When we think of photographing people, we automatically think of taking a portrait; but not all people photography is portraiture.

A portrait is (according to one dictionary definition), a painting, drawing or photograph of a person, often only the face or a description.

A photographic portrait focuses on the person and attempts to convey an image of what or who the person is, whether physically, or perhaps spiritually or emotionally.

Whereas a portrait is usually of one or perhaps occasionally a small number of people (eg. a family portrait), people can be photographed in other ways, where the focus of attention might not be so strongly on who the person is (or persons are), for example:

  • A nude photograph which shows just part of the body (Here your attention is on shape and form, line and perhaps texture. The body is of interest because of its photogenic shape, rather than because it is a person with a unique character)
  • A crowd scene may have more in common with a landscape than a portrait.
  • The inclusion of people in a street scene (or any other type of scene), may utilise people as simply components which together with other components such as buildings, plants or animals, etc; contributes to create the overall image (eg. consider a farm scene with a farmer driving a tractor beside an interesting barn, while a group of animals look on. The farmer need not be the main focus of the photograph, but he will contribute along with the other components, to the overall image which is created.

 

 

A FEW COMMON CONSIDERATIONS IN ALL PEOPLE PHOTOGRAPHY

-People Move

The subject can move. If they move fast, a fast shutter speed may be needed to keep the subject in focus (so the photo is not blurred). Because people move, sometimes the photographer needs to work fast before they move away from the camera.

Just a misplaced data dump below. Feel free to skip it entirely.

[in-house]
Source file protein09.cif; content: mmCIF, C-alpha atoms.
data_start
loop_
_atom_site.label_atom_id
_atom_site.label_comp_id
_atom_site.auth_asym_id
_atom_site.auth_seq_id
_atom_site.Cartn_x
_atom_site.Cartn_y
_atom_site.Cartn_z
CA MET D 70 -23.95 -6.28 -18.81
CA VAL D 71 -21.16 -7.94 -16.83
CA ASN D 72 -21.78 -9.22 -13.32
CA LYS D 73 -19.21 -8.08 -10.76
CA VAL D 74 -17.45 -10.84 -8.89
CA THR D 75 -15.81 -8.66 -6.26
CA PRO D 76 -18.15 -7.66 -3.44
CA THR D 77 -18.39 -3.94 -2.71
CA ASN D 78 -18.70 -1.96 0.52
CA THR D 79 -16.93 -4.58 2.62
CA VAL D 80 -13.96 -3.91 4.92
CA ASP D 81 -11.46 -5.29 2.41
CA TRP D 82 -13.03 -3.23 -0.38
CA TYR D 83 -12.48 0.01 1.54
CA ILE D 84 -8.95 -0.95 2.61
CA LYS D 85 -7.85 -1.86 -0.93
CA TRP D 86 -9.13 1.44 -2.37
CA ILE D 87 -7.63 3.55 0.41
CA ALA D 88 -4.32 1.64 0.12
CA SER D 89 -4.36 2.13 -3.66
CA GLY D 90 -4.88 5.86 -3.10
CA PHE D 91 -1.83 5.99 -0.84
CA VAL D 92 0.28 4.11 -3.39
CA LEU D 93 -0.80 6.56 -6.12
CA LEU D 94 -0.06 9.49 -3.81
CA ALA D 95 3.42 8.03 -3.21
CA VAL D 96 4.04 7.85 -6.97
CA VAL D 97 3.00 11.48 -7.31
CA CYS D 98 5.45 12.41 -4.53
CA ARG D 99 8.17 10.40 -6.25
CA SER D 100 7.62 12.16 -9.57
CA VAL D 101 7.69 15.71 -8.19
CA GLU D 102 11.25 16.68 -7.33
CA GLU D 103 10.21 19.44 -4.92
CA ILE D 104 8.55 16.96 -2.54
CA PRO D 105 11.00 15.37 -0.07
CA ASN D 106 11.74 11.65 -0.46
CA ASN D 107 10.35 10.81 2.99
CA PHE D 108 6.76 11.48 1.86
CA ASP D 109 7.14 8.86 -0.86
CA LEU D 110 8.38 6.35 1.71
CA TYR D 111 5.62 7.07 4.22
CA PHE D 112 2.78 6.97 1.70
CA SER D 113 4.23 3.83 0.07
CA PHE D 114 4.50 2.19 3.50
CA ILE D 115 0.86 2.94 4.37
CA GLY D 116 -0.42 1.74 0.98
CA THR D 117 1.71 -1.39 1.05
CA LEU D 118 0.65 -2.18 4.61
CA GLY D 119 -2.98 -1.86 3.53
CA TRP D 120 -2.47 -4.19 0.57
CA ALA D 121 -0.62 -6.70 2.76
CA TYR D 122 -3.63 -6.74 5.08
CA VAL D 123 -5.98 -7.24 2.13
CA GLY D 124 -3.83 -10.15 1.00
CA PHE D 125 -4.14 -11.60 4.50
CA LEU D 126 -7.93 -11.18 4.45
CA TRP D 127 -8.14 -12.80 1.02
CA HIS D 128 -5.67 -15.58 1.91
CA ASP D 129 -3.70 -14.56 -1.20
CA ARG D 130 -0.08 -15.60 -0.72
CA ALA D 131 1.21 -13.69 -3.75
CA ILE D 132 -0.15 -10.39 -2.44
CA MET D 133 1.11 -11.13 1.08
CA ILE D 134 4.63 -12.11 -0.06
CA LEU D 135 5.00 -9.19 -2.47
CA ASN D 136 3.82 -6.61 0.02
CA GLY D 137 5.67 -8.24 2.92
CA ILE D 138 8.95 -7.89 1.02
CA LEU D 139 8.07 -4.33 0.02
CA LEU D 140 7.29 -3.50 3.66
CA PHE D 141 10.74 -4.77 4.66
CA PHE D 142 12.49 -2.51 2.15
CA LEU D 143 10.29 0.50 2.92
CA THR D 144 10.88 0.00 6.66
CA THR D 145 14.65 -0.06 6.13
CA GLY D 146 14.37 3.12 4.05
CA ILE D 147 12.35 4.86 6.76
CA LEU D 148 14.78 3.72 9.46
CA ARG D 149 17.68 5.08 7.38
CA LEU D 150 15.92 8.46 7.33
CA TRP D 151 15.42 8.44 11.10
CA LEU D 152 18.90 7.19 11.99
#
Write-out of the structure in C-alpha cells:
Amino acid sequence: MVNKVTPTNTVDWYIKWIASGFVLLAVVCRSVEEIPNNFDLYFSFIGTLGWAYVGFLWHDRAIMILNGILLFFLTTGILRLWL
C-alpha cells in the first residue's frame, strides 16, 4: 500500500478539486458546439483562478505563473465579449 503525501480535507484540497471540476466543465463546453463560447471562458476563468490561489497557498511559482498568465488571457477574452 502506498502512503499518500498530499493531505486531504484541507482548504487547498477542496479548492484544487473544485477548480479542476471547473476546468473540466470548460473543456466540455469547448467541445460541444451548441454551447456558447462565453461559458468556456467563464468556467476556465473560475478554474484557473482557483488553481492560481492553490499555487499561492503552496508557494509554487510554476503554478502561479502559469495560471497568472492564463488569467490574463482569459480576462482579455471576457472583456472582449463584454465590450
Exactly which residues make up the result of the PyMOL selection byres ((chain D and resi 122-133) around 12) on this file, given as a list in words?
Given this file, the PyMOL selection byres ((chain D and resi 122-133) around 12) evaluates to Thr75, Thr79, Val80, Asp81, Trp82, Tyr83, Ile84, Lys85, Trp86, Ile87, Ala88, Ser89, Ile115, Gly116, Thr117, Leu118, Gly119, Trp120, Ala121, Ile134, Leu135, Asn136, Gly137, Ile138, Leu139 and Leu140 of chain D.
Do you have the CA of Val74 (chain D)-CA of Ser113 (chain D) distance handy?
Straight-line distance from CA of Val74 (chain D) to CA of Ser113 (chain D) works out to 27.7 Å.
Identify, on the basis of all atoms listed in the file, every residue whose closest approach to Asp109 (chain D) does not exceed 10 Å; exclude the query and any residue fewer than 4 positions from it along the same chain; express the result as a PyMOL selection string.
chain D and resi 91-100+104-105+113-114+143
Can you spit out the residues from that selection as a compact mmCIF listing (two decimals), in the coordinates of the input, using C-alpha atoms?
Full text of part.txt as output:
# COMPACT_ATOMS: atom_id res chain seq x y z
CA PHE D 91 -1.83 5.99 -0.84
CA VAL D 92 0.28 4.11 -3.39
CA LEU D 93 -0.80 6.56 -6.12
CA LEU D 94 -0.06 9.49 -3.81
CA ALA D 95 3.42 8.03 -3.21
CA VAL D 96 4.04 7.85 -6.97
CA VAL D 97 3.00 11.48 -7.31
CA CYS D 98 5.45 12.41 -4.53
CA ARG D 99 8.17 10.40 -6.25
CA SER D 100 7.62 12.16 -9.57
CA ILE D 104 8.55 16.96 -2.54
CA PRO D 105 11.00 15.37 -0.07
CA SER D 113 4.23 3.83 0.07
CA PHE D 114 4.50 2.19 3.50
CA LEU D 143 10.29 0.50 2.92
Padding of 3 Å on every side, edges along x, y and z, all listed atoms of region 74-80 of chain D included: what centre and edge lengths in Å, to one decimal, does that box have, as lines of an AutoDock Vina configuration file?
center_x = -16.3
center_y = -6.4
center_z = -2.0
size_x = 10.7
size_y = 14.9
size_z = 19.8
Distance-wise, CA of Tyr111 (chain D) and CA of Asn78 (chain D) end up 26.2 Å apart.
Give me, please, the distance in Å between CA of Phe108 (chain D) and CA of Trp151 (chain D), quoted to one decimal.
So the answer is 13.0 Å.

-People Dress Differently

The same person can look different according to the clothing or make up they wear. Similarly, dress and make up can be used to make different people appear alike.

-The subject can be changed.

When you photograph a statue, you can change the time you take the photo, the equipment you use, or the placement of the camera; in fact anything external to the subject can be changed, but the subject (ie. the statue) is always the same. Unlike inert objects (or most landscapes in the short time frame), living subjects (animals and people) can change considerably from moment to moment.

-Peoples Moods can be Uncontrollable

To capture the best portrait of a person you need to have them in an appropriate mood. A person can, for instance, appear happy one day and sad the next. An individual may co-operate with one photographer and not with another. Such considerations can, and probably will, impact upon the final image which the photographer captures.

 

Learn more about Photographing People

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